In this post I will try to explain the “most important” aspects of caching in the HTTP protocol. It is assumed that the HTTP/1.1 protocol is used (not 1.0), in a set up where a reverse proxy, such as Squid, is placed in front of an origin server. A client that requests a resource, such as a browser, usually has a forward proxy itself, which is, in this sense, exactly the same type of caching entity as that reverse proxy. The client requests a resource from its local cache, which, possibly, forwards that request to its parent, the reverse proxy, which, in turn, possibly, forwards that request to its parent, the origin server. The ultimate goal is to minimize the time it takes for the client to get a response.
A definition list of the terms commonly used in this context:
- An object that you can identify with a URI. For example: http://example.com/foo and http://example.net/bar?x=y.
- A cached resource that is past its expiry date.
- Parent cache
- If a cache does not have a complete answer to an incoming request, it forwards the request to its parent cache.
- Origin server
- The server that generates the content. The origin server has no parent cache.
- Reverse proxy / Accelerator
- A caching proxy that handles all incoming connections for an origin server and caches the response.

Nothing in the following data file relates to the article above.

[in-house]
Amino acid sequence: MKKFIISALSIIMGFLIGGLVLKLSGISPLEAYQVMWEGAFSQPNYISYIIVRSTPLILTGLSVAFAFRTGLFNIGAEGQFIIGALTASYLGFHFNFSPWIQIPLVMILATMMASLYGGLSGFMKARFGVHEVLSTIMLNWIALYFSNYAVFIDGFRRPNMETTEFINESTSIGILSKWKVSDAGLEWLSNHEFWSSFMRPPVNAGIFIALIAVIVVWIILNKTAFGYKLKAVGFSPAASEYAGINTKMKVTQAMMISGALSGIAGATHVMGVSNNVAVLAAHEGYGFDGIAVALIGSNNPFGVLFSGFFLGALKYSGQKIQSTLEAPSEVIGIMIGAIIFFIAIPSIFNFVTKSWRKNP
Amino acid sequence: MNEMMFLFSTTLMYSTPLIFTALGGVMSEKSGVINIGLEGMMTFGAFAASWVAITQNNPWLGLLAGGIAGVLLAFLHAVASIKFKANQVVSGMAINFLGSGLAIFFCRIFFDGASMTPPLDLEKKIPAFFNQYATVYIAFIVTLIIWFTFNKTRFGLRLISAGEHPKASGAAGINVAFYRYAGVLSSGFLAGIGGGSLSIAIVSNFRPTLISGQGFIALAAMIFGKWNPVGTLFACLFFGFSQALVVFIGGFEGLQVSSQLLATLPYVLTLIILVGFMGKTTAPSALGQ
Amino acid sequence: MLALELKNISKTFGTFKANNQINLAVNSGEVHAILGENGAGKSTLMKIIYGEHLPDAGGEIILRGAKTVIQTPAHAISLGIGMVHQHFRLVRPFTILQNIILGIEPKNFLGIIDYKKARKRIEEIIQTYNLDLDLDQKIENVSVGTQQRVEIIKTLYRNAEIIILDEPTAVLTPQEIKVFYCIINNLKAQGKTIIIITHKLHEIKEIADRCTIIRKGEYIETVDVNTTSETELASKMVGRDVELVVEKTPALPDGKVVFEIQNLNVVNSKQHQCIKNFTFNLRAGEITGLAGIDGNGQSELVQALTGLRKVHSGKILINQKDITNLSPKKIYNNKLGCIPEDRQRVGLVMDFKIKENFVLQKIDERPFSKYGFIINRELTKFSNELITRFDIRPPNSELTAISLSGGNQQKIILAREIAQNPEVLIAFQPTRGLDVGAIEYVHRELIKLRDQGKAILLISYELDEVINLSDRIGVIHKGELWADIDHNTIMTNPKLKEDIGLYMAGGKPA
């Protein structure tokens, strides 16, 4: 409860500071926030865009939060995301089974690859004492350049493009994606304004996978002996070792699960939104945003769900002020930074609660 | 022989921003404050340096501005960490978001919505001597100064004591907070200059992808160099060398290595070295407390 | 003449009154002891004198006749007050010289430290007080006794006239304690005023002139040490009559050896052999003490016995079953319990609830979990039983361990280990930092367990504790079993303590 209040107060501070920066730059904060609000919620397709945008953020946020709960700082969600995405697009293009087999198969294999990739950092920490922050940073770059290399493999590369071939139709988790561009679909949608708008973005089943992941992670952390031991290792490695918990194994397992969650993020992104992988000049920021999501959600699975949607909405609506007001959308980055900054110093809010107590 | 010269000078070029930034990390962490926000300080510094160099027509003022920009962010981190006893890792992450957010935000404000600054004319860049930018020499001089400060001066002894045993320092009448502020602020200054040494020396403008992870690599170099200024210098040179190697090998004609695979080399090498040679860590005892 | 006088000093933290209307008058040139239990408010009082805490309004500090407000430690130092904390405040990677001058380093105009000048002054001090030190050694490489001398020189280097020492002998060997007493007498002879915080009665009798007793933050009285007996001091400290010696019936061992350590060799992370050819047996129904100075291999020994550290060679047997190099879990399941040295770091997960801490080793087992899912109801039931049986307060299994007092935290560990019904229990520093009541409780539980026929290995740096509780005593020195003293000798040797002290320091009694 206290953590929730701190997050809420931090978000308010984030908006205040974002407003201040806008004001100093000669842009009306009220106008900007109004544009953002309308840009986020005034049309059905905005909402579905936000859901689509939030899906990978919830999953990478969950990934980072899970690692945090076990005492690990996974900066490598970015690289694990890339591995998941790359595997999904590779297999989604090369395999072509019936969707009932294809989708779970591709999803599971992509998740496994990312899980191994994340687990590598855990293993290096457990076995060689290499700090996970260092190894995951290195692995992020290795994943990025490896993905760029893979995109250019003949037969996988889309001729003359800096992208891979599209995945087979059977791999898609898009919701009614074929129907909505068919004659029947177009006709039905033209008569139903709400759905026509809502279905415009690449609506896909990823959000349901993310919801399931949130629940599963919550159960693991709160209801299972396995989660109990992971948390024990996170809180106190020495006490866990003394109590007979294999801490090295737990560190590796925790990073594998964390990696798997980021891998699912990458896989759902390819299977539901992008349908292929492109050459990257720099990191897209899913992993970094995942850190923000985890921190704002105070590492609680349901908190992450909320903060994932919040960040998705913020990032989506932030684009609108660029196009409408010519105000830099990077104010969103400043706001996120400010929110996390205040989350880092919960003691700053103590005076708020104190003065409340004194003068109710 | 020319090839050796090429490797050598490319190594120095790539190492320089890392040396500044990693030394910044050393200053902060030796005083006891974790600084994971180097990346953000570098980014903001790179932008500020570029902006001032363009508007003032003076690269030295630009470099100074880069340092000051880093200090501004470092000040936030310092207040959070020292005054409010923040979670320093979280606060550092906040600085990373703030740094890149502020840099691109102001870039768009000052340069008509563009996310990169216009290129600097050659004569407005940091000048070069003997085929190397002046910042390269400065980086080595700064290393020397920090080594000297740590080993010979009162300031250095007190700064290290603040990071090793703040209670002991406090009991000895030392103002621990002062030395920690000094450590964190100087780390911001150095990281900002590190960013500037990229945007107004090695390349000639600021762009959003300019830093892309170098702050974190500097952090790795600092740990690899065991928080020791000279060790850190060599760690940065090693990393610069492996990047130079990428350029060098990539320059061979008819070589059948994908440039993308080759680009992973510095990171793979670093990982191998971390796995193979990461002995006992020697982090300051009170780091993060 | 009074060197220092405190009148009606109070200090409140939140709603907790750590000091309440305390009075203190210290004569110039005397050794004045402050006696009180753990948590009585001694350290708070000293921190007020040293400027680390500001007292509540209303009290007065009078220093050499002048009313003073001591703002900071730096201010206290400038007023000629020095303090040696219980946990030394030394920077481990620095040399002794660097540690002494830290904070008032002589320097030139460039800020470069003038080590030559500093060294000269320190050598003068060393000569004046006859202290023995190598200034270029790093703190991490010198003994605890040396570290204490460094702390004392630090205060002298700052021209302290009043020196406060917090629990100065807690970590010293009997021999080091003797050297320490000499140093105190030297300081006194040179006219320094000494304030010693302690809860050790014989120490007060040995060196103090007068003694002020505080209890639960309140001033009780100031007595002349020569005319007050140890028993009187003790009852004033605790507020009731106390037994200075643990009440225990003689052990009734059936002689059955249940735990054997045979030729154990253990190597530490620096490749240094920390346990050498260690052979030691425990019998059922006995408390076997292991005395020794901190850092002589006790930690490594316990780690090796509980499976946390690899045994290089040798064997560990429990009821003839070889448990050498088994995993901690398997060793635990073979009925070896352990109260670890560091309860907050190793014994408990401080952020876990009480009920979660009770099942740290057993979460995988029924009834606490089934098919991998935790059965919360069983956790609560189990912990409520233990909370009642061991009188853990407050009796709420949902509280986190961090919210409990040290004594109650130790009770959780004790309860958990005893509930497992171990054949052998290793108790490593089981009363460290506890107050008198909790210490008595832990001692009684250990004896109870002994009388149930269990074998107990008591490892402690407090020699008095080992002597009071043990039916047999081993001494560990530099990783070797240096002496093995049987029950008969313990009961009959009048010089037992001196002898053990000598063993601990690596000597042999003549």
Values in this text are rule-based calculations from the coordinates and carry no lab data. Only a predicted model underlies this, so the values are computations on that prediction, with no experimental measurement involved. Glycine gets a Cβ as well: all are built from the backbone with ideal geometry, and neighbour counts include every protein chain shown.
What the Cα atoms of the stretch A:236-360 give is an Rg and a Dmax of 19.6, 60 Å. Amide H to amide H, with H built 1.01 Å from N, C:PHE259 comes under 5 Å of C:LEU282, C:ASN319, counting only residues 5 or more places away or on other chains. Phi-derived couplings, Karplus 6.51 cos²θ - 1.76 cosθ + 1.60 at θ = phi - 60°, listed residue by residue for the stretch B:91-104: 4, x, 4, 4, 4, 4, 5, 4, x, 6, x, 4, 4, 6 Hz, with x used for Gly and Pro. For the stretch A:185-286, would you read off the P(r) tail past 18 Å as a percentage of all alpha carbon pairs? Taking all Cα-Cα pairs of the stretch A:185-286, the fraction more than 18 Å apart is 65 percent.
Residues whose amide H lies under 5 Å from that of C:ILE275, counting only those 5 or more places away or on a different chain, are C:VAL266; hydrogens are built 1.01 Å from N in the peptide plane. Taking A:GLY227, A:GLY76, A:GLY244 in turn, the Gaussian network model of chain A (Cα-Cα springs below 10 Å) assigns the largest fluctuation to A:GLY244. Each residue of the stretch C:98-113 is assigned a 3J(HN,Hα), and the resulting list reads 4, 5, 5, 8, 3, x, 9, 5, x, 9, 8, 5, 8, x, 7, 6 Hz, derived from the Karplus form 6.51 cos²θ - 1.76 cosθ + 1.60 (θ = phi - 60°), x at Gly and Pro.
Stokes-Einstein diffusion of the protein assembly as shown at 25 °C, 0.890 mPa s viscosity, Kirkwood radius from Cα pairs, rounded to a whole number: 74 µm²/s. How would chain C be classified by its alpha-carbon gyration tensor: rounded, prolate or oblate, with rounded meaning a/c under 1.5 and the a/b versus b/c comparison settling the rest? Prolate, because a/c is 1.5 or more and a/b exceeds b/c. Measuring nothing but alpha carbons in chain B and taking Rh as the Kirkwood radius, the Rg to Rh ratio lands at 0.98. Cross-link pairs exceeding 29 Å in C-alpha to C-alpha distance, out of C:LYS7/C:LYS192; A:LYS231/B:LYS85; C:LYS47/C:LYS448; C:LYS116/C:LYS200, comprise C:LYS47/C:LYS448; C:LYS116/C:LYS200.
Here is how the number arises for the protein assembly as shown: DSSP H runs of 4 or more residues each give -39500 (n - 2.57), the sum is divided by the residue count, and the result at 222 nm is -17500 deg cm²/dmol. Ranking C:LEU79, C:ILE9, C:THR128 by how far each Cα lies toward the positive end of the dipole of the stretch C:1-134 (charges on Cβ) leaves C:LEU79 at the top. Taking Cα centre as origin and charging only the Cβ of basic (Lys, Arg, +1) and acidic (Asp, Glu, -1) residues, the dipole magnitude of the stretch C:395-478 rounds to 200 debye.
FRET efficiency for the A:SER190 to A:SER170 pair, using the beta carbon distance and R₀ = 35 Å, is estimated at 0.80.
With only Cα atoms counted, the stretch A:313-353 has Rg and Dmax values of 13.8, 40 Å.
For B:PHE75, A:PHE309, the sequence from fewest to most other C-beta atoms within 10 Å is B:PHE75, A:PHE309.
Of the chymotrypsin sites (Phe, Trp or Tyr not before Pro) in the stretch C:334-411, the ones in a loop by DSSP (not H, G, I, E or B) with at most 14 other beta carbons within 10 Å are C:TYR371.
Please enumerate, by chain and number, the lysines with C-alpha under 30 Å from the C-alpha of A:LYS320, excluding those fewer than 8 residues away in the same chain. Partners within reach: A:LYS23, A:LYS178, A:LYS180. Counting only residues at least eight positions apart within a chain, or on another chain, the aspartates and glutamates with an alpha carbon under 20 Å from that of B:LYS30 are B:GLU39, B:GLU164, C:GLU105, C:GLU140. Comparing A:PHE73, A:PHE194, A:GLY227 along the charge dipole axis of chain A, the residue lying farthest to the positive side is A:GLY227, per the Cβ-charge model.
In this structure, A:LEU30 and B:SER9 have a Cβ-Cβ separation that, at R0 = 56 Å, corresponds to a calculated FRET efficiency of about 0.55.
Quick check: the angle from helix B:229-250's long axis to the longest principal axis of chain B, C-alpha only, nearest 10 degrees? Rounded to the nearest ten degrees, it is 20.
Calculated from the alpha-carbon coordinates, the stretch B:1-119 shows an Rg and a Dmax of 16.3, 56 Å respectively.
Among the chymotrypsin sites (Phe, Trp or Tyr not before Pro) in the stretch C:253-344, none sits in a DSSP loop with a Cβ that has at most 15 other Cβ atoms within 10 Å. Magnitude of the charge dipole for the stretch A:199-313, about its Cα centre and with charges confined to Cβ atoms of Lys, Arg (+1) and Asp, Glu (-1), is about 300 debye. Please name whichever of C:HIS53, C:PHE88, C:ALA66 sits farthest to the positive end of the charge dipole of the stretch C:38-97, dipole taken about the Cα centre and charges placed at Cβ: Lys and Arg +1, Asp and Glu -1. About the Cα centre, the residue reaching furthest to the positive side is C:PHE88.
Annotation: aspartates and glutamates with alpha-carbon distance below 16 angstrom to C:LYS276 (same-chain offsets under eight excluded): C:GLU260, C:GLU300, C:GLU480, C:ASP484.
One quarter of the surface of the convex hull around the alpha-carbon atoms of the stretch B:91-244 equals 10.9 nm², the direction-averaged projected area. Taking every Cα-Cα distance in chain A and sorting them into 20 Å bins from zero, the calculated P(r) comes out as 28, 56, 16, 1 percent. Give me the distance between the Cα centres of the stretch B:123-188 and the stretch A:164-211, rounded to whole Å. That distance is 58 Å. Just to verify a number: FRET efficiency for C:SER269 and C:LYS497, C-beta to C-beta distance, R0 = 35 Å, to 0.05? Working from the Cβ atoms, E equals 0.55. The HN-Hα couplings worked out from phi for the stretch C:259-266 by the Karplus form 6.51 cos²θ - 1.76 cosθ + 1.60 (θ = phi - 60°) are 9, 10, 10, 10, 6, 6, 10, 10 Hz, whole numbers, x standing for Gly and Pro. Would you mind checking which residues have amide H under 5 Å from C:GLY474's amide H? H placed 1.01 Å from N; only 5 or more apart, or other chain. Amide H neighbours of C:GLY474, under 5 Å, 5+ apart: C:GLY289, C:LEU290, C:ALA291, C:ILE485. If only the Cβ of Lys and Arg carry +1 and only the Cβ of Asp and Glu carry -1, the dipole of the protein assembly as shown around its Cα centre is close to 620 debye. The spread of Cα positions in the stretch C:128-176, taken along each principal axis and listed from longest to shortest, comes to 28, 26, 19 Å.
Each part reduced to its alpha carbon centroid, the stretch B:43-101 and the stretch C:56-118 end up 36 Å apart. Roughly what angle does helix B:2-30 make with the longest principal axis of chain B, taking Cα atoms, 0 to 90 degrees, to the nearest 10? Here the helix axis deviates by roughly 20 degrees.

- A cache revalidates a cached resource by checking with its parent cache whether it is still up to date, downloading any updates that are available.
- A cache refreshes a cached resource by deleting it from its cache and downloading a fresh copy from the parent cache, regardless of whether or not it was already up to date.
Before demonstrating usage examples, let me introduce (some of) the caching related headers in HTTP:
- Cache-Control, HTTP/1.1
- Expires, HTTP/1.0
- Last-Modified, both
ETag header holds the entity tag of a resource. This can be used in requests the same way as the “last modified” timestamp, to tell the server that it only needs to send the resource if it is different from what is currently in the cache. An entity tag is an opaque value, a literal string whose content has no meaning in the protocol: it either matches exactly with another string or it does not. Any logic in this tag might be interpreted by humans but caches regard it as a raw incoherent string of characters.
Cache-Control header allows several different values that detail the cachability of a certain resource. It can be sent by both the server and the client (i.e.: both in a request and in a response). If sent in a response, the most intersting value, here, is
This directive is very similar to the
Expires header: it indicates up until what time a certain resource may be cached. If a cache gets a request for a resource that it has cached but that, according to this header, has “expired”, it will ask its parent for confirmation on the validity of that cache. This is done by forwarding the request, adding a
If-Modified-Since header with the timestamp of the locally cached version, or a
If-None-Match with its etag.